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In January 2013 I felt a bit stiff, the result of the man-flu I was very obviously dying from.

My ‘stiffness’ was down to Guillain-Barre syndrome although we didn’t know that at the time, and neither (it transpired) did the doctors on my first visit to hospital, as they sent me back home.

Over the weekend my stiffness became more pronounced, and I was unable to move from the sofa. On the Monday morning my wife (7 months pregnant) and a friend carried me to the car and took me to the local doctors’ surgery, who thought I’d been involved in a car crash after seeing my inability to stand, walk or move my arms. After talking to me he declared that I “must have trapped a nerve”.

Monday night and my friend John phoned an ambulance as I was unable to see, hear or respond to simple questions, couldn’t move, and was struggling to keep my eyes open. I didn’t see the house again for a few weeks.

Several lumbar punctures, an MRI scan, a CT scan and about a million blood/urine/stool tests later and (I don’t know this as I have no idea where I was) I’m lying on a bed in the ICU, in a corner, with ‘unknown condition’ written on my notes.

On the Thursday a consultant neurologist returned from his holidays, took one look and declared “GBS”. A huge ‘thank you’ to Dr Stefan.

Onto the treatment; IVIg, replacing my white blood cells with synthetic ones. I have no idea about any of the events surrounding this, but it must have done something, because over the next few days I regained some level of consciousness, and can actually remember some of the events of the next few days.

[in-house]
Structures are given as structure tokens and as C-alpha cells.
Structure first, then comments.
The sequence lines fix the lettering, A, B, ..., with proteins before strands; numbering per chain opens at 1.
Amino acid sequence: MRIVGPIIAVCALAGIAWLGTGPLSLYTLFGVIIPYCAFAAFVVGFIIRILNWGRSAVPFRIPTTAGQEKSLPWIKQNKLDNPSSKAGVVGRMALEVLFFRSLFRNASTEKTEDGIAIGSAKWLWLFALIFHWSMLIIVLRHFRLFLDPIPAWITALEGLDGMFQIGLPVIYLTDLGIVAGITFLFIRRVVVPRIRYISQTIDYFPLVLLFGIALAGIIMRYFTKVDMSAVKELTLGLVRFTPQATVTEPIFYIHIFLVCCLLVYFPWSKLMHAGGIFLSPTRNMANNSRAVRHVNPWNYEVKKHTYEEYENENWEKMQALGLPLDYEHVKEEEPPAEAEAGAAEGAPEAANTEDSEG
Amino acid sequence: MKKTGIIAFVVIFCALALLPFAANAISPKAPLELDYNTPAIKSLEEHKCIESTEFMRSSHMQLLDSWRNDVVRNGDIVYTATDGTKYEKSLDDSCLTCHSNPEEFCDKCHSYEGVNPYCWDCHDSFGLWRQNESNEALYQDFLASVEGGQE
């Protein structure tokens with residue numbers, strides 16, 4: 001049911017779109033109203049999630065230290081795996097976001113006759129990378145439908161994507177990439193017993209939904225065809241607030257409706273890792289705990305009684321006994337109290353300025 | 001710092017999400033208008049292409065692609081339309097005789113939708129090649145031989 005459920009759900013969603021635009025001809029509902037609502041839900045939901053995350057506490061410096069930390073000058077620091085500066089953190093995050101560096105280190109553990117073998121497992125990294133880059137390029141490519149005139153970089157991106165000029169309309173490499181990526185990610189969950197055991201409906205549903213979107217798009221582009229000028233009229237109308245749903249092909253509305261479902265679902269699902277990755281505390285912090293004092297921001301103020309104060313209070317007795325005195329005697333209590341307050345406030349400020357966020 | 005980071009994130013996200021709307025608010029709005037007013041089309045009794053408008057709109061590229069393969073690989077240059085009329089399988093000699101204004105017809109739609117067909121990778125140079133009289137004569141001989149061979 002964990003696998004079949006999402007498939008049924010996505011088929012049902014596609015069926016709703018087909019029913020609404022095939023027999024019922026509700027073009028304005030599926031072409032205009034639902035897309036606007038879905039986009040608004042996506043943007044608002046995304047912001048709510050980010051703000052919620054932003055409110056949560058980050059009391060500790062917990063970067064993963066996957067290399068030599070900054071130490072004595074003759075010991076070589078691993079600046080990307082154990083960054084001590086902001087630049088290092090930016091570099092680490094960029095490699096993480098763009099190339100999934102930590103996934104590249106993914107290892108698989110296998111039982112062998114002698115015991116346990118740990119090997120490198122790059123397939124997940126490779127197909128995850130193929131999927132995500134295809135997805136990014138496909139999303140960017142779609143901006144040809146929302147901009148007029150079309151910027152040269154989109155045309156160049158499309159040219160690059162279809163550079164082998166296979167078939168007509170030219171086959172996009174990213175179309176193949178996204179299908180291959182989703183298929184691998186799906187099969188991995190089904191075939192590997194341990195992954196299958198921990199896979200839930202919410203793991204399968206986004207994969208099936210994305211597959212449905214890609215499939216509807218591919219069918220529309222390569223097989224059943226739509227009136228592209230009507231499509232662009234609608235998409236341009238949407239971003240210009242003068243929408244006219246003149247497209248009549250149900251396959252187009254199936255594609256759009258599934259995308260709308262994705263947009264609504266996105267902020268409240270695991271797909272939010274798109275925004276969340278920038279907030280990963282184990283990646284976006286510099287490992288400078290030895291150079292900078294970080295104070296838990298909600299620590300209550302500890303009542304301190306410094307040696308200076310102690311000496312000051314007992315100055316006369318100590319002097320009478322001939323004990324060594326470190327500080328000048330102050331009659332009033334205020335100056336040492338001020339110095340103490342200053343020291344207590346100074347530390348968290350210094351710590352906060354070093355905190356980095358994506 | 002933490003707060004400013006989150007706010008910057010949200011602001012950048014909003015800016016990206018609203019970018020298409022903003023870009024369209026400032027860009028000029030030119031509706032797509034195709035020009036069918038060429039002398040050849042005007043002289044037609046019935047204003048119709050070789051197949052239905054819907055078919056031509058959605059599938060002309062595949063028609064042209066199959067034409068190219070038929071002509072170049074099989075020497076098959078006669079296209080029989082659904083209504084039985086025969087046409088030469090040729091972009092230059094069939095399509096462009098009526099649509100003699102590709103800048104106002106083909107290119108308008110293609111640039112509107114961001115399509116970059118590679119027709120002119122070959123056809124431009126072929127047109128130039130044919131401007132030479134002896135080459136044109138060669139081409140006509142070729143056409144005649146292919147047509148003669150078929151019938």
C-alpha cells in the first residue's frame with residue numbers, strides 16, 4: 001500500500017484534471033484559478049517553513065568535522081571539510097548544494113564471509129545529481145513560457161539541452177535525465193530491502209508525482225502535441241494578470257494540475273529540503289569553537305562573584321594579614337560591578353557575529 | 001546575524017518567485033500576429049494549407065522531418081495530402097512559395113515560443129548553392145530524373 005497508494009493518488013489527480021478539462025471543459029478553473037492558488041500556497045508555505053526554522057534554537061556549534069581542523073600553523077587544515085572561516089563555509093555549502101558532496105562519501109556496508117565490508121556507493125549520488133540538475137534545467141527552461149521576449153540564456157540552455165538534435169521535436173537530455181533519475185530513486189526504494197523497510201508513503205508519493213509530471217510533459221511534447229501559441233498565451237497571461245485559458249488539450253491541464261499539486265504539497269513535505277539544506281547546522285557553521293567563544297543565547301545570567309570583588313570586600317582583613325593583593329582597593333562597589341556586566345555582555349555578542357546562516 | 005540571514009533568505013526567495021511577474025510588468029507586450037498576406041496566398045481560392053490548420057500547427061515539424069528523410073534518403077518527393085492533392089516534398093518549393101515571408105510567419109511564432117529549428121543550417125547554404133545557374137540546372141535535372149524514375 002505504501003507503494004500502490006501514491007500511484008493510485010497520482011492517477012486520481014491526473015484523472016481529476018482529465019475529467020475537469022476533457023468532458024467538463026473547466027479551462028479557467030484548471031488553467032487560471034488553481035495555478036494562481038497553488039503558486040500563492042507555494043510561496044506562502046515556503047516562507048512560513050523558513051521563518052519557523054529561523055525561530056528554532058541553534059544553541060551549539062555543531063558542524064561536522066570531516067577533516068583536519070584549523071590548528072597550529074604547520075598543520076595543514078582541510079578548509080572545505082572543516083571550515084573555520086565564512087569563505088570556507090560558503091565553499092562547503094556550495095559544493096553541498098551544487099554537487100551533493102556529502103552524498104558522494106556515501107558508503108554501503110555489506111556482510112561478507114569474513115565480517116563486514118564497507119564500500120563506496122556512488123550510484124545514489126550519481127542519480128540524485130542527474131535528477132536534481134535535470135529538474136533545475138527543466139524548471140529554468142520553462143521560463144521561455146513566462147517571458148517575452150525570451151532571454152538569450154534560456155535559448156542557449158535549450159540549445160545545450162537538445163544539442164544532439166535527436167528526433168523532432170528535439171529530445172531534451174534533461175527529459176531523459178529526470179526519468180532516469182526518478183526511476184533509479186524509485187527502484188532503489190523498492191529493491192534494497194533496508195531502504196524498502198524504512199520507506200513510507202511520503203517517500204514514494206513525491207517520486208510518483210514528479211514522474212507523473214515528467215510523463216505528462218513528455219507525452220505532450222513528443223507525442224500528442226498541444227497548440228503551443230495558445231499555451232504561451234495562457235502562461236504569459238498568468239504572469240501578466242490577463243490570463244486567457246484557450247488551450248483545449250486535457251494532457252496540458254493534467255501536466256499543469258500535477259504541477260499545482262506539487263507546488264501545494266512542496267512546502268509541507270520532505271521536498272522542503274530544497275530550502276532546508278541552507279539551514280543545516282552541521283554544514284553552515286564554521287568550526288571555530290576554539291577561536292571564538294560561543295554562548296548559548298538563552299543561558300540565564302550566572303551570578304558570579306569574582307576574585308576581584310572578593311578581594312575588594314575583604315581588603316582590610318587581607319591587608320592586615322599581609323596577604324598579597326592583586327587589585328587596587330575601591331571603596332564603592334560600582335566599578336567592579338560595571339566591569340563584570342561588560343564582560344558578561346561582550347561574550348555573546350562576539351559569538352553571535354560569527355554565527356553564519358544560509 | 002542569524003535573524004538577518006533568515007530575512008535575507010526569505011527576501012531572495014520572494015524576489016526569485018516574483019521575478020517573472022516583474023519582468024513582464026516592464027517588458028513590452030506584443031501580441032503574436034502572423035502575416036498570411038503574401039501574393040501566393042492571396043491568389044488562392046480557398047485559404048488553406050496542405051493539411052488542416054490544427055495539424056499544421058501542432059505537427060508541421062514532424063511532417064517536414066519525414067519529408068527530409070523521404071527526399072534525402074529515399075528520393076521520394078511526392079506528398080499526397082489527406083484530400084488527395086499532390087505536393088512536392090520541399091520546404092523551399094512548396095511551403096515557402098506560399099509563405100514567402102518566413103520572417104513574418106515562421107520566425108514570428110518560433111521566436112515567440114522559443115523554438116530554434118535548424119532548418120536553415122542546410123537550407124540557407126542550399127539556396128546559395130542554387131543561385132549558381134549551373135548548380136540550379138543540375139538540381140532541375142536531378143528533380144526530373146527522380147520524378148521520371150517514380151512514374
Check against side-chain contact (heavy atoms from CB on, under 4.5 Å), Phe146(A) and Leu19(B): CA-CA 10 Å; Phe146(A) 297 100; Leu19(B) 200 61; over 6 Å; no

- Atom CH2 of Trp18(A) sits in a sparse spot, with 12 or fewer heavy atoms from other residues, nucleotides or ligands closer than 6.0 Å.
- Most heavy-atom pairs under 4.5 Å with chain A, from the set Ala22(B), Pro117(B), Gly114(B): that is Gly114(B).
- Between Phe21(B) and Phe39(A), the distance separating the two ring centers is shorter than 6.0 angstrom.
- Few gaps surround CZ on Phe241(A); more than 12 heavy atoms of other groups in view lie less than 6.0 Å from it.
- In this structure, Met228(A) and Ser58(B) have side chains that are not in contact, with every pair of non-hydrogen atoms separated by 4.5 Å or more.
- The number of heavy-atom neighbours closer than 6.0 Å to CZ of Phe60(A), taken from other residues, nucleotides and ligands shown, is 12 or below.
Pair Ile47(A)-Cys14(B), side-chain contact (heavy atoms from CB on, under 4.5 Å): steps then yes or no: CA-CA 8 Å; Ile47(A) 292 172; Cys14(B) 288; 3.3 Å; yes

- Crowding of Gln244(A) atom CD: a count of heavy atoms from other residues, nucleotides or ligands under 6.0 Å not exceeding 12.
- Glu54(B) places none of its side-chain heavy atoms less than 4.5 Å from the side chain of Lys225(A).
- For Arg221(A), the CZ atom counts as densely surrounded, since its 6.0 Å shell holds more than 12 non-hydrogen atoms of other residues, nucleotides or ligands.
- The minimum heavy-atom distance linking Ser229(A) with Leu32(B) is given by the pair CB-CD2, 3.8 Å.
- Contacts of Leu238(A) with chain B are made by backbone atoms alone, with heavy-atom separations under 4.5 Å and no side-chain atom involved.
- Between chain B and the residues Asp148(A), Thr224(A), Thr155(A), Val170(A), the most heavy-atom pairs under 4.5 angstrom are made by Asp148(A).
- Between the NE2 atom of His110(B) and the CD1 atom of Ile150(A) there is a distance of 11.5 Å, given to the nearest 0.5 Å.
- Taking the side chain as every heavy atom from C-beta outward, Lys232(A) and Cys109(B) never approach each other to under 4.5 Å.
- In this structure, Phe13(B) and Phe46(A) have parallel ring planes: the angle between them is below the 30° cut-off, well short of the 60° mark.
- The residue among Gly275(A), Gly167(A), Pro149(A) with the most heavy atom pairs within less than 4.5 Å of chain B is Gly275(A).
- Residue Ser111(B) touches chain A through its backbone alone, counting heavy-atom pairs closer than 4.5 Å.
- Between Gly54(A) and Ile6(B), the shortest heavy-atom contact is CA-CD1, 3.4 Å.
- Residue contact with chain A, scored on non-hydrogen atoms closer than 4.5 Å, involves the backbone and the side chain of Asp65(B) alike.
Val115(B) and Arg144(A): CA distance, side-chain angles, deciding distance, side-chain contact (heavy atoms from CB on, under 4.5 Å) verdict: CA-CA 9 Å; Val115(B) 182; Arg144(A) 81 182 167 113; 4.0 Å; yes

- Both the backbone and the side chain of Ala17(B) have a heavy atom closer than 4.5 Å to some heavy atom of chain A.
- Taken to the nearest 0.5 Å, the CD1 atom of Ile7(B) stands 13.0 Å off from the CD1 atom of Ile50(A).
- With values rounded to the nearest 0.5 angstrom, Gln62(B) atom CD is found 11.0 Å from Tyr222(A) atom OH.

I definitely remember my hot water/urine bottle being red, which prompted the nursing staff to call a doctor, who took one look at my yellow complexion, the bag full of urine/blood and ordering tests to check on my liver function. The results? Liver 0: IVIg 1.

The next few days are a blur of being bathed by nurses and my very pregnant wife, being pumped full of suppositories and laxatives, being craned on and off the toilet, vomiting, crying and an absolutely desperate feeling of uselessness as I was supposed to be looking after my wife who should have been taking it easy.

By Valentine’s Day I was eating solid food (I can definitely recommend those nutrient-rich drinks as the most disgusting thing ever invented), and the wonderful staff allowed Michelle to come in and feed me, although absolutely no alcohol was consumed by either of us as it is against hospital policy. It was the best thing I’d ever eaten (but not drank, obviously there was no alcohol involved), and I think this single act made me realise that I needed to kick GBS into touch and get back to the business of being a proper husband.